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Maxwell's story

Maxwell was abused so many times by so many different perpetrators that he barely had time to tell the Commissioner half of what he suffered and witnessed. The abuse happened over the course of four years in the late 1970s and early 1980s at a special boarding school that Maxwell attended from age eight.

Maxwell was sent to the special school because the teachers at his Catholic primary were unable or unwilling to deal with the difficult behaviour he exhibited as a result of hyperactivity and dyslexia. When he arrived at the special school he discovered that many of his classmates faced far more complex challenges. He told the Commissioner ‘There was deaf and dumb kids, I remember a kid in a wheelchair. I think there was Down syndrome people there’.

The school was run by an order of Catholic Brothers. The principal was a man named Brother Clifford. At the end of Maxwell’s first week at the home, Brother Clifford took him out on an errand and fondled his genitals. This was only the first of dozens of abuses inflicted on him by the principal. And Maxwell wasn’t the only victim.

‘There was at least 40 different boys I seen him doing sexual things to.’

Brother Clifford would also encourage the boys to touch each other and to grope one of the house mothers. He was ‘obsessed with sex’ and would talk about it constantly with the boys. Maxwell described him as the most frequent offender, but not the most violent. That distinction went to Brother Willoughby.

‘He was just like Brother Clifford but not as nice. He was more vicious with you. He used to always tell me I was a handsome little boy and when he beat me and hit me he’d blame me and say, “You know I love you so why do you make me hurt you?”’

Four other Brothers and the gardener also sexually abused Maxwell during his stay. And when he went on excursions to other Catholic institutions, many of the Brothers there also abused him.

Maxwell tried to tell people what was going on. He told one Brother once and was beaten for ‘telling tales’. He cried to his mother a few times over the phone but Brother Clifford would always appear, take the phone and explain that Maxwell was lying because he was homesick. ‘He’d just tell Mum what she wanted to hear. And who’s not going to believe a priest?’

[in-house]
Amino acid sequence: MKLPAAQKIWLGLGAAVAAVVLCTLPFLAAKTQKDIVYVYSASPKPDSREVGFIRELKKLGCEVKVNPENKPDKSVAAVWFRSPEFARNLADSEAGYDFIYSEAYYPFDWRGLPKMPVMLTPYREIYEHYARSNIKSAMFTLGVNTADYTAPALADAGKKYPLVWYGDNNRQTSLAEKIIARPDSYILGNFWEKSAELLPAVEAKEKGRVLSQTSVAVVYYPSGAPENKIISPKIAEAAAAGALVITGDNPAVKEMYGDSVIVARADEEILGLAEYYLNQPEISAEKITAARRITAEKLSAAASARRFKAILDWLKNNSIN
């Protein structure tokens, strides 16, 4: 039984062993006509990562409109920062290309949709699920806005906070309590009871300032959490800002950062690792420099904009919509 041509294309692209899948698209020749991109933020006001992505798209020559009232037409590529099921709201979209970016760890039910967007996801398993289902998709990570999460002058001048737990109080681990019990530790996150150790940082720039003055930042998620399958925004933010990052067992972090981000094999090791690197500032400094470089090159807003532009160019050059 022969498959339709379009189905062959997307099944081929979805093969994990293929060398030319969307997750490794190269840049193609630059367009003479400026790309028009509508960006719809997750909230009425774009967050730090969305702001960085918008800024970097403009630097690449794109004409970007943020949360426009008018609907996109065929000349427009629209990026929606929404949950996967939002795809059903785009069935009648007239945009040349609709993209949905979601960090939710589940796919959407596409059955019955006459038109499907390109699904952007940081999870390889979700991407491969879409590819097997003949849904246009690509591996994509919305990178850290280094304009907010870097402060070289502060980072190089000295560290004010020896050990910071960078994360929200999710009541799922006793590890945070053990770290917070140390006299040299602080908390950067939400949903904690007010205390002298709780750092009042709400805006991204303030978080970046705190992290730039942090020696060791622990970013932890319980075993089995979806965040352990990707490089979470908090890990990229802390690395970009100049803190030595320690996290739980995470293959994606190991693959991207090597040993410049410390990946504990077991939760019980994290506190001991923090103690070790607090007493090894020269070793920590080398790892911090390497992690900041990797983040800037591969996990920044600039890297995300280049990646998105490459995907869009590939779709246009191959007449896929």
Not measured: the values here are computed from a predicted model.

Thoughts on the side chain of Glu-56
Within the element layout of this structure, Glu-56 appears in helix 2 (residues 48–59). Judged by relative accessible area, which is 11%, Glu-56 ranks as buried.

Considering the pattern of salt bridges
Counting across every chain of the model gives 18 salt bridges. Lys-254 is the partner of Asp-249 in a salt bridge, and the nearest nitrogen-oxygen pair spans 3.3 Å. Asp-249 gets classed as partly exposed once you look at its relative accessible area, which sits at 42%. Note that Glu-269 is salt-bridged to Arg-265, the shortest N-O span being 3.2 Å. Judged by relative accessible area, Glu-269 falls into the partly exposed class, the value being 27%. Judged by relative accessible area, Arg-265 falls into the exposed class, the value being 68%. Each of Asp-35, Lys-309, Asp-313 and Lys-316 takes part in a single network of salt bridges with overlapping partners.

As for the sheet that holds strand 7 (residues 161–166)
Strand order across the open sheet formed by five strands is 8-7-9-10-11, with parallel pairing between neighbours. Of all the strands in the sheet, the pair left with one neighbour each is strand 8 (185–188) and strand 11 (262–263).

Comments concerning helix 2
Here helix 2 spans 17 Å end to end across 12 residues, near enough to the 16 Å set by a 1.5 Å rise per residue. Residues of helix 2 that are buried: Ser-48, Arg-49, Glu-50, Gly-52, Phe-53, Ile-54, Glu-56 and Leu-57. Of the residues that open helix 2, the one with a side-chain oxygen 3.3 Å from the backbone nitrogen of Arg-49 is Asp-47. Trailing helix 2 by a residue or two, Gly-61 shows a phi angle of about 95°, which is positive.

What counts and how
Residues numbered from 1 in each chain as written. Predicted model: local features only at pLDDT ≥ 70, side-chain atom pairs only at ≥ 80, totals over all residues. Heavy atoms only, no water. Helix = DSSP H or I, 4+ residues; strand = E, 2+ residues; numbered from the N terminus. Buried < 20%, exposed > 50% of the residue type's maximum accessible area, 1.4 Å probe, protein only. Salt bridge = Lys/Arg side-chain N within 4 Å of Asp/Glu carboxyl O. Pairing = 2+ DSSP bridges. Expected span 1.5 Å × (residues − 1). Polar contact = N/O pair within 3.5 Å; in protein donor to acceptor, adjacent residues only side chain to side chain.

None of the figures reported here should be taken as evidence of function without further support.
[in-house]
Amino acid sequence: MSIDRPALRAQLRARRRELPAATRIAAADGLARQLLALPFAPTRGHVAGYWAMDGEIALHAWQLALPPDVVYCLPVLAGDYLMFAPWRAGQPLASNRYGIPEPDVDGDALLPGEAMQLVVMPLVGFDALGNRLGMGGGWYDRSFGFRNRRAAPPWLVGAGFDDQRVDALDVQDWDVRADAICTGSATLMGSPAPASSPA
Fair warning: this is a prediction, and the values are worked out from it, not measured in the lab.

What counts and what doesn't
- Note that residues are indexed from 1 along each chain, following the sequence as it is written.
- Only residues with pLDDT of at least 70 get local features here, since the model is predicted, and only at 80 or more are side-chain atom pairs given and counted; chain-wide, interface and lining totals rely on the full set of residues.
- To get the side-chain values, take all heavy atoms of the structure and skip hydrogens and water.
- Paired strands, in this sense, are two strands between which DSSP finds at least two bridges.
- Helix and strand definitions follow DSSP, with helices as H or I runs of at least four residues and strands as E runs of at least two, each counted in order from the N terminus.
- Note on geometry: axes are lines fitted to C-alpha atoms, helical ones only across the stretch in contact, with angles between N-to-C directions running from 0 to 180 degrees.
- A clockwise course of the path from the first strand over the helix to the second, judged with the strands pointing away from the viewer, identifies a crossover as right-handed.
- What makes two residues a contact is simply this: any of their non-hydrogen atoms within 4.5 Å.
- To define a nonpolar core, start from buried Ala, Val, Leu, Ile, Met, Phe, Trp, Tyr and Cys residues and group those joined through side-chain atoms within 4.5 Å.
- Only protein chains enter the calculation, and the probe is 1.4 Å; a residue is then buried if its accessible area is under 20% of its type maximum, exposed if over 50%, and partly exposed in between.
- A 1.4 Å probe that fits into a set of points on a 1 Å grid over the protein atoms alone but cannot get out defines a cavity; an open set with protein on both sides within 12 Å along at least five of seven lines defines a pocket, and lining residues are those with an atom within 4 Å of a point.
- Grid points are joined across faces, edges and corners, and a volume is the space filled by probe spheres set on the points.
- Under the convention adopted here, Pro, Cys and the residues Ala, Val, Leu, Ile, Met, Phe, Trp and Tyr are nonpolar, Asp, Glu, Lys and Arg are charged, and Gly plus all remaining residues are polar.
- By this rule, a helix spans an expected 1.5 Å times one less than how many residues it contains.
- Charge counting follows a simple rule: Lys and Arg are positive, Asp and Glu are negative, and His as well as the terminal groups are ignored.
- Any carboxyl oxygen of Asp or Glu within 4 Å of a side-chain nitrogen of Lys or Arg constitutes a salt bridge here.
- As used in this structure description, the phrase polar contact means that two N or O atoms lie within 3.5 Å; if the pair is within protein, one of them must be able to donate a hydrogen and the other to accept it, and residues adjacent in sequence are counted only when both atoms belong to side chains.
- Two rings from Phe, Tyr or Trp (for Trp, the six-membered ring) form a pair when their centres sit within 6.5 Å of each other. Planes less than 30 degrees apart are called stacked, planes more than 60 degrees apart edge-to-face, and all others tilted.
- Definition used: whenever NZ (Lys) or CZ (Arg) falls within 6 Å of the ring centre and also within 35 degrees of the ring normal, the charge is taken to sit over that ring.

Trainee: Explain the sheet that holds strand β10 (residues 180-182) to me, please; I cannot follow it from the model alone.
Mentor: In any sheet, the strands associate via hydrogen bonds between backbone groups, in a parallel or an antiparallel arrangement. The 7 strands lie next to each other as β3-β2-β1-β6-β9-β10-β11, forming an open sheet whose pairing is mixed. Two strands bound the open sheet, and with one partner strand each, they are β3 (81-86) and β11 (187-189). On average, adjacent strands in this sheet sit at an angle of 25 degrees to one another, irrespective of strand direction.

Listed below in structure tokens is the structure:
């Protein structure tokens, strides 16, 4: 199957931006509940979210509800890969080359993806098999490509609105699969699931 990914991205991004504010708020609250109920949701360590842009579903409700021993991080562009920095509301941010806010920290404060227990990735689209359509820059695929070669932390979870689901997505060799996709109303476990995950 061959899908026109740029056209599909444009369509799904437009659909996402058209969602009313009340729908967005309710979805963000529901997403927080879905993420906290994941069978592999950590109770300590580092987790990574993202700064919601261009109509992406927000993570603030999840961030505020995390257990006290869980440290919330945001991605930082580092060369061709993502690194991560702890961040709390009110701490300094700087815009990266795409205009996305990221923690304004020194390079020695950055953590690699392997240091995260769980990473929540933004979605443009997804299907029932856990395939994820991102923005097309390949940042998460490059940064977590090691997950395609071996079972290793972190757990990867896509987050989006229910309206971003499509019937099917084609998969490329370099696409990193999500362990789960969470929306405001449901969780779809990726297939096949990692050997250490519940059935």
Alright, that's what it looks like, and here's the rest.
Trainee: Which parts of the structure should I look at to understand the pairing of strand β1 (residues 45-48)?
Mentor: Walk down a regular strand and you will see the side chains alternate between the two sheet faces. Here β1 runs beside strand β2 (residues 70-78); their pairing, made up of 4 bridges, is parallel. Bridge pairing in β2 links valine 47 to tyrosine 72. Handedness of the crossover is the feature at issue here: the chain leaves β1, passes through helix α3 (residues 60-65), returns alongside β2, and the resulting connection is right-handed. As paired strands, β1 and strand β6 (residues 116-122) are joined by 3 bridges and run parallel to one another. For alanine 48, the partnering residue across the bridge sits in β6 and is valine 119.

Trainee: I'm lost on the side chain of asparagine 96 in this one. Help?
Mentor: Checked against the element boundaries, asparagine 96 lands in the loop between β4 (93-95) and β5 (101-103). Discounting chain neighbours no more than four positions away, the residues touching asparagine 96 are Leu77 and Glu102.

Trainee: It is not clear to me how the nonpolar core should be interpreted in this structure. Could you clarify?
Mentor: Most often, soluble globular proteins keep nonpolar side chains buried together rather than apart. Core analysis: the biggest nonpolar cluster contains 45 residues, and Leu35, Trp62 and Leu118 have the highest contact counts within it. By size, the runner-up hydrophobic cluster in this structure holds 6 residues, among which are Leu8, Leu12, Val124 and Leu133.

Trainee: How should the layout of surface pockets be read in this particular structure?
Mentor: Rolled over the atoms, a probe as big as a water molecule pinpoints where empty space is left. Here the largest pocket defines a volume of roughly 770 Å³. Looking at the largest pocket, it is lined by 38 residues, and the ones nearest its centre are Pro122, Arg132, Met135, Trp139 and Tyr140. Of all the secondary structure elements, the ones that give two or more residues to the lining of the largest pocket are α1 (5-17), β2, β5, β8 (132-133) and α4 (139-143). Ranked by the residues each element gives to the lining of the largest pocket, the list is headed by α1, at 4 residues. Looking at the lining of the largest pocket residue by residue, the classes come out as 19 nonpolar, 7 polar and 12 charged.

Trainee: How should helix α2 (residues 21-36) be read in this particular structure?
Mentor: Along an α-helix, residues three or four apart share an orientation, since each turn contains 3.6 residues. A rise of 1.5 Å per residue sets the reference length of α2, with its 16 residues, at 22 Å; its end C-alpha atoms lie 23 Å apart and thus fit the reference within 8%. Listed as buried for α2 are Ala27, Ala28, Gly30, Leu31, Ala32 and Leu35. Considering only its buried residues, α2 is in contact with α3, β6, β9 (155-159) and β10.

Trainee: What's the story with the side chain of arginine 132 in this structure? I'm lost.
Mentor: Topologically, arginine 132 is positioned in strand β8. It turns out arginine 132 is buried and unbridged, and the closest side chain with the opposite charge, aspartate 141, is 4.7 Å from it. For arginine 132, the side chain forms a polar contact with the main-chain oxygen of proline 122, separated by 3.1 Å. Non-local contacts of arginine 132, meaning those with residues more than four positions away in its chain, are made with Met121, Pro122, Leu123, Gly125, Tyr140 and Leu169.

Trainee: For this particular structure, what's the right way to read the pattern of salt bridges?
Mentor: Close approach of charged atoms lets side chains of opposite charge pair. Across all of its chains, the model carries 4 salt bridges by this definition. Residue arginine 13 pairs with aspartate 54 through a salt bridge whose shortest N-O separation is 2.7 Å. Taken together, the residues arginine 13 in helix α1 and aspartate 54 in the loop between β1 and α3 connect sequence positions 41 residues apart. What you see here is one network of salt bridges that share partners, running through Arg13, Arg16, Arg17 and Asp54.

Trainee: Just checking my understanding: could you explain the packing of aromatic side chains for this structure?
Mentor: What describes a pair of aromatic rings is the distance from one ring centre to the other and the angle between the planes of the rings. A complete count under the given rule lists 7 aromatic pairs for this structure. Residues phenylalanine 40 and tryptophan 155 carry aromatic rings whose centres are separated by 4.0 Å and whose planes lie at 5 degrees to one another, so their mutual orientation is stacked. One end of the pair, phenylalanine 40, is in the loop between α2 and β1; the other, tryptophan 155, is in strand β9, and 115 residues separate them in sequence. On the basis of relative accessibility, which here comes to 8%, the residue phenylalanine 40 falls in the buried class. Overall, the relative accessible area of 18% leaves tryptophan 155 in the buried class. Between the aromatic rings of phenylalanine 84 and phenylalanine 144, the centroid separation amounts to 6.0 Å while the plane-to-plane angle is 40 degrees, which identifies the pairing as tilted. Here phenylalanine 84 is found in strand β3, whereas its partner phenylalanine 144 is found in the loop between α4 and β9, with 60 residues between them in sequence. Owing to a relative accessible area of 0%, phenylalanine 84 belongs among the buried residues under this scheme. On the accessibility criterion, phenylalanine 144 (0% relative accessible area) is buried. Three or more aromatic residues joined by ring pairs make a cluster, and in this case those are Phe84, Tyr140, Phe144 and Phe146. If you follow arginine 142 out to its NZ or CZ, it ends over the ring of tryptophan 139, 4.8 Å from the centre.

On top of the sexual abuse Maxwell had to deal with regular physical assaults. One time he was thrown down a set of stairs and got most of his teeth knocked out. There was also the psychological abuse. He described one occasion when Brother Clifford took him and two other boys to visit a morgue.

‘Brother Clifford pulled out a dead body on a stainless steel slab like thing and he showed us this person. And he said, “This person is evil and they died of cancer, and they’re stuck here in eternal hell and they’re going to rot” … I was just looking at it and I was frightened and he said, “This is what’s going to happen to you if you don’t do everything we say”.’

By age 11 Maxwell had ‘cottoned on’ to what the Brothers were doing and rejected their attempts to brainwash him into believing it was all harmless and normal. He demanded to be released, and after a six month period during which he was ‘bashed more than sexually abused’ the Brothers let him go.

Maxwell finished Year 6 at a local primary school and went on to do a year or so of high school before joining the workforce. All the while he struggled with the impacts of the abuse which included nightmares, physical scarring, anxiety and an aversion to human touch. ‘If another man touches me or bumps me when I’m walking through the shopping centre I get pins and needles in that spot for a couple of hours.’

A few years ago Maxwell started seeing a psychologist and was diagnosed with post-traumatic stress disorder and a chemical imbalance in his brain. He now takes medication to correct the imbalance and checks in fortnightly with his psychologist.

With this support behind him Maxwell has been able to pursue police action and a private claim against his abusers. Unfortunately, the slow pace of the legal process has taken its toll on his mental and physical health.

‘To tell you the truth I’m all hated out. I just feel numb, I feel nothing.’

Still, he knows that other people are relying on him, and that’s why he doesn’t give in.

‘There’s a lot of poor kids that were at our school that weren’t physically capable of telling their story properly. There’s a lot of kids handicapped and stuff. So I want to make sure I tell it, because I’m one of the fit ones, fit enough to tell the story.’

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